Attorneys representing uninsured patients filed a lawsuit today to require Louisiana to reopen Charity Hospital or to take other measures to care for people with chronic health conditions that have been worsened by a lack of access to doctors since Hurricane Katrina. Louisiana has one of the highest rates of uninsured residents in the nation.

The suit comes as Walter Kaelin -- special representative to the United Nations' Secretary General on the Human Rights of Internally Displaced Persons -- is visiting New Orleans and other Gulf communities to discuss how the U.N. Guiding Principles on Internal Displacement apply to those displaced by Katrina. A report on the Guiding Principles' applicability to Katrina survivors released this week by the Institute for Southern Studies details how the lack of health care access since the storm implicates Guiding Principle 28, which calls on authorities to establish conditions allowing internally displaced persons to return home "in safety and with dignity."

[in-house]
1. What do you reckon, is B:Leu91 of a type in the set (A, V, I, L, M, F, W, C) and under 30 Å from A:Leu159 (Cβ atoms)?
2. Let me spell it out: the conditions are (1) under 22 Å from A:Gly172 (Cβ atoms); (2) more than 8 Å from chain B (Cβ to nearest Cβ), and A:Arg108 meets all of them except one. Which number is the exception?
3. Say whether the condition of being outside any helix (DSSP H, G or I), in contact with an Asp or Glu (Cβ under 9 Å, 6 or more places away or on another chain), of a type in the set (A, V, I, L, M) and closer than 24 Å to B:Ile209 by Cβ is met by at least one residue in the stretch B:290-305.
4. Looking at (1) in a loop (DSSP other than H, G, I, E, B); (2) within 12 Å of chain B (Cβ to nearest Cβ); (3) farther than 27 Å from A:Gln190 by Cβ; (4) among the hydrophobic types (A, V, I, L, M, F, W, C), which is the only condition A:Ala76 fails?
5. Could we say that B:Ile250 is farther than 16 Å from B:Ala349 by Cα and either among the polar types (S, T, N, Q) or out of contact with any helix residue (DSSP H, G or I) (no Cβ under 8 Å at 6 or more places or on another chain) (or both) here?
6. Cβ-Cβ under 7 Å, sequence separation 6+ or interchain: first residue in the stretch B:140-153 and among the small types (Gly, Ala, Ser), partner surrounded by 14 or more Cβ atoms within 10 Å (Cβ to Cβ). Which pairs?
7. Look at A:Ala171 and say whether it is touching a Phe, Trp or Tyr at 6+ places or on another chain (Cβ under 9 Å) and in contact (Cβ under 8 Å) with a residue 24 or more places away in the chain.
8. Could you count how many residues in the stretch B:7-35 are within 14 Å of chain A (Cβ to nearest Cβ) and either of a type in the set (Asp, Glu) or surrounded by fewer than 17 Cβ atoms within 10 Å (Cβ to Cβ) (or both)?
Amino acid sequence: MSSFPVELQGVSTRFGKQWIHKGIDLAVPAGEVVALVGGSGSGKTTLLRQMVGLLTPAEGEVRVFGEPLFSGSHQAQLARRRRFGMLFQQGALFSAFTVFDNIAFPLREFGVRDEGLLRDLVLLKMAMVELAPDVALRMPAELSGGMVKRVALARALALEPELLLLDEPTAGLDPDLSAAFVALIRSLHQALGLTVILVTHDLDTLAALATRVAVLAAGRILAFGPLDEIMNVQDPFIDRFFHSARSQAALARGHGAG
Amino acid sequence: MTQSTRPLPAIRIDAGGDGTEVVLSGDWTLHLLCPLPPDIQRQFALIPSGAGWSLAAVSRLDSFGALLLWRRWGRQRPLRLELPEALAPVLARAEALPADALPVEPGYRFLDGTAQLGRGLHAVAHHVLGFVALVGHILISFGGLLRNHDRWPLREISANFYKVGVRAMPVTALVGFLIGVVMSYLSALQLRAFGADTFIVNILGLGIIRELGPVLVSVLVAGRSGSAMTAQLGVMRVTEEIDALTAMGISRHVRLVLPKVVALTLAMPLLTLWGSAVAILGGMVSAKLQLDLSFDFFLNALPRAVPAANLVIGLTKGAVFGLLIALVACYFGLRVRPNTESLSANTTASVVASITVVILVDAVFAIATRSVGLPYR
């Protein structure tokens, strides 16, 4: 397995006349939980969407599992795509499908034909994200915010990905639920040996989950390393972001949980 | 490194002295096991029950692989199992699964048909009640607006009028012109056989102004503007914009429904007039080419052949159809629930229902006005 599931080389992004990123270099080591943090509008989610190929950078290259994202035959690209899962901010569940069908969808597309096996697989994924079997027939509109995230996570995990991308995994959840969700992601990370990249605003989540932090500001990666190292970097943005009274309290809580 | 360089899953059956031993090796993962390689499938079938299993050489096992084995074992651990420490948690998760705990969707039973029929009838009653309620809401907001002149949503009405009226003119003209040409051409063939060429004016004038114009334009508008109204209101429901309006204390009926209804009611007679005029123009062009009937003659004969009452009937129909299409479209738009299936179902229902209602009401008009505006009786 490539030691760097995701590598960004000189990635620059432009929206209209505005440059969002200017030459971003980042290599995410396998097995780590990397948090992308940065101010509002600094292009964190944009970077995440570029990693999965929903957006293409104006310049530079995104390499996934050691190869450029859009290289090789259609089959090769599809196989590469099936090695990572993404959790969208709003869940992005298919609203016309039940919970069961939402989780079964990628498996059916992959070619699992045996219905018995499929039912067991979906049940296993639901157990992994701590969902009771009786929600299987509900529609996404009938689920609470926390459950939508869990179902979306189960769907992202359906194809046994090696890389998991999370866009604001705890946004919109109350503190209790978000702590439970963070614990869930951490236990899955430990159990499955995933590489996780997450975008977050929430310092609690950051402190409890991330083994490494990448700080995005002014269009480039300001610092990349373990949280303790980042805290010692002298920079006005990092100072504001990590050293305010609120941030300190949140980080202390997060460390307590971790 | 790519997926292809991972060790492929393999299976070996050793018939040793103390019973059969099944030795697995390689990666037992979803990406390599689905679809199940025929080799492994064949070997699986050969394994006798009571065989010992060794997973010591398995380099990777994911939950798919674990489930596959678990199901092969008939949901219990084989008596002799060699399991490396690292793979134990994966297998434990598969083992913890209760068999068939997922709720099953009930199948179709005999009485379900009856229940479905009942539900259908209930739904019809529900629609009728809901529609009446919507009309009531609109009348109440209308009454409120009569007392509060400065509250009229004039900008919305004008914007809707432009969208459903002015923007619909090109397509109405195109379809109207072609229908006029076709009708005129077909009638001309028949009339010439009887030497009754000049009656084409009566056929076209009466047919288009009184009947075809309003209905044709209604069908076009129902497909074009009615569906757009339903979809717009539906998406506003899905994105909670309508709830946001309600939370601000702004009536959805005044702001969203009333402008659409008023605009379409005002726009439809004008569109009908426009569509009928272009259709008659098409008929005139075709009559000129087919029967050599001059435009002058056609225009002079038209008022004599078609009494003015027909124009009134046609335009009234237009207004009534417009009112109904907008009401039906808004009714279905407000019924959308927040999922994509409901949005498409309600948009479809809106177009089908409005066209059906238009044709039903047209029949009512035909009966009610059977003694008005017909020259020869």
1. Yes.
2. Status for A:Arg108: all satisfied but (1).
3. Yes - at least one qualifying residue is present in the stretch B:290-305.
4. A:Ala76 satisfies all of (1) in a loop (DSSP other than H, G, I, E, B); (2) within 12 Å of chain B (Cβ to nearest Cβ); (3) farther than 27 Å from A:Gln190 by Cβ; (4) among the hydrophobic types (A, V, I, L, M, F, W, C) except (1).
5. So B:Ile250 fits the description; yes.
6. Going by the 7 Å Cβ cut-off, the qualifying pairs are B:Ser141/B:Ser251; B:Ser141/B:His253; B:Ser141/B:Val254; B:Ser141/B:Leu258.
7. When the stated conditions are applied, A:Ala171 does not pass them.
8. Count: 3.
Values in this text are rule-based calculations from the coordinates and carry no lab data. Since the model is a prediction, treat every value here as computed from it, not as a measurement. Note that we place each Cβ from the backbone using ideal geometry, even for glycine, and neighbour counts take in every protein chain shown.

New Orleans' death rate has risen 47 percent since the two years preceding Katrina, and a recent survey found that 36 percent of residents of the New Orleans metro area reported reduced access to health care. The problem is especially severe for the city's African-American residents, 72 percent of whom reported reduced health care access -- evidence of underlying racial discrimination that's also prohibited by the Guiding Principles.

After Katrina, Louisiana State University reopened University Hospital -- part of so-called "Big Charity" -- to provide care to the region's uninsured, but that facility does not provide the same range of services that Charity offered and has only 171 beds compared to 550 that the two hospitals previously had.

The attorneys who filed the pro bono suit include Calvin Johnson, Bill Quigley and Tracie Washington of New Orleans; Stephen Rosenfeld of Boston; Thomas Milliner of Metairie; Steven Berman of Seattle; and Leonard Aragon of Phoenix.